Grant Farred uses the introduction of What’s My Name to lay out his definition of what constitutes a vernacular intellectual, and it is no mistake that many of the idea’s he expounds upon—what a vernacular intellectual is and what the differences are between the types of intellectuals—fall in line with the writings of African revolutionary Frantz Fanon. Through his redefining of who an intellectual can be, Farred examines Italian communist Antonio Gramsci’s infamous study of the intellectual as a functioning component of society: “In The Prison Notebooks, Gramsci’s conception of the organic intellectual differs from that of the traditional intellectual in that they represent both distinct historical moments and modes of being a thinker” ( Farred, 4). In this interpretation, the traditional type of intellectual comes to represent the embodiment of the sort of thinker that Fanon was so critical of in Wretched of the Earth, namely the elitist members of society who were unable to relate to the plight of the common man but nonetheless tried to desperately represent them from a separate class. Instead, Fanon represented an amalgamation of these types of intellectuals, merging them in a way that allowed for his experiences to resonate across the globe and across time.
Using Farred’s notion of the vernacular intellectual, it becomes quite evident that Fanon falls into this category of intellectual development and influence. The role of the vernacular intellectual in society is in line with the belief of rebellion as a tool for the oppressed that Fanon expounds upon in his essays. The vernacular intellectual acts as a vessel for the voice of the marginalized subject to speak from his corner of society; if the systems of oppression reach a critical mass, then the vernacular can be effectively used to insight revolt: “When the subaltern subject is not allowed to speak in its own terms, its own discourse, its history, culture or traditions, when it is alienated from its vernacularity, it is eminently capable of transcribing suppression into a violence aimed at the destruction of its oppressors” (Farred, 19).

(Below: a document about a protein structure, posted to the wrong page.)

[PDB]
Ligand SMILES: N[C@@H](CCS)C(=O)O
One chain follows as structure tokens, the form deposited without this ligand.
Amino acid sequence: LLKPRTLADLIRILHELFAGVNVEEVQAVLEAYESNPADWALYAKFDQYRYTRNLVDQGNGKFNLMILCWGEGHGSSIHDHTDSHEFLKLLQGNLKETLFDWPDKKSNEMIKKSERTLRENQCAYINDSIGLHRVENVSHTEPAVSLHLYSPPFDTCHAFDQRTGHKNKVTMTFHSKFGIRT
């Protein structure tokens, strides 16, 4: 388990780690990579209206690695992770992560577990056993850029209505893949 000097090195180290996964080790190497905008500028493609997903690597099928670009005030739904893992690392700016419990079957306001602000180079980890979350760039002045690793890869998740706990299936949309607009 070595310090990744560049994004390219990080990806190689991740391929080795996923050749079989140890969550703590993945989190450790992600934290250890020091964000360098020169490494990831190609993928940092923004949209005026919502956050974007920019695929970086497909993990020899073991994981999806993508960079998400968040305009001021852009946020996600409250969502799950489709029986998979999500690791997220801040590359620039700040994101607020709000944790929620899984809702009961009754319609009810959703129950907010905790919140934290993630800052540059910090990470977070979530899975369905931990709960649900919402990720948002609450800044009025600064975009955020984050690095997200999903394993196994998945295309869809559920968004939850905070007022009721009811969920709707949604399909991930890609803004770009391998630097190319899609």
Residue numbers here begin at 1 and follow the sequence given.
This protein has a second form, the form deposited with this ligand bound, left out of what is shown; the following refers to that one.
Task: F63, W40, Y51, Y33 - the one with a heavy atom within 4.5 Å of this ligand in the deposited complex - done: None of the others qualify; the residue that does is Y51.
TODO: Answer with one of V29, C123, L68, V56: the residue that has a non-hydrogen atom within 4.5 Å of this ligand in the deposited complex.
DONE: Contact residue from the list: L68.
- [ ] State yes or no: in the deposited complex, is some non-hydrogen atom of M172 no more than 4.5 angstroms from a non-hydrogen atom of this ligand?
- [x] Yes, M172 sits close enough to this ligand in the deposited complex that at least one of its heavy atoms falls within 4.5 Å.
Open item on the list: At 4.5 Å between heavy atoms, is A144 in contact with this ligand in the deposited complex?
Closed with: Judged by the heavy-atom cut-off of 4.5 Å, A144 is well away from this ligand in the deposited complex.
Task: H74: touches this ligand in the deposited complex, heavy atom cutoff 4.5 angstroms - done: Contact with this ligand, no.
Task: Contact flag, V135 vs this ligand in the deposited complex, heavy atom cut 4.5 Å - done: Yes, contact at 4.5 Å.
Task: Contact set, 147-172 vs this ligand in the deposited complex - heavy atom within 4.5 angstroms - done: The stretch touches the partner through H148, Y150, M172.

Fanon’s works were strongly influenced by the colonialist system that he was forced to live in. Born in the French colony of Martinique in 1925, Fanon was a subject of France in the broadest sense of the word, as he was held in an oppressive state of life along with all the other natives on the island. World War II served as a major catalyst for Fanon’s intellectual growth, as Martinique was used by French naval forces after France fell to the German invasion. Fanon fled Martinique and volunteered with the Free French Forces, where he was sent to North Africa and France to fight against the Nazis. It was in the service the Fanon continued to receive and recognize racial oppression on the part of the French, with his regiment ultimately being purged of non-whites during the later years of the war, notably after Fanon had been wounded defending the county that had worked so hard to oppressed him and his people. A brief stay in Martinique after the war was followed by attending school in France, where his focus on the effects of colonialism began to take shape. It was here that he wrote his first book Black Skin, White Masks, an examination of, “…the ontological existence of the Black man in a white-dominated world and covers the subject matter of the psychology of colonial rule, a topic notoriously neglected in college and university courses on colonialism” (Hansen, 29). In an interesting turn of events, Fanon wed a white Frenchwoman in 1952, a somewhat contentious issue for some of his modern-day supporters given his ardent stance against colonialism. However, this event brings up an interesting point in Fanon’s intellectual work, in that he stressed an end to colonialism through whatever means necessary, but did not necessarily advocate for a separation of the races: “Fanon was not a man to marry a woman because she was black or white. This is precisely the Manichaean world he denounced in the most strident terms. In Fanon’s view, color or nationality should be entirely extraneous to the choice of a marital partner. His commitment was neither to a black nor a white world. It was to a non-racial society” (Maldonado-Torres, 176).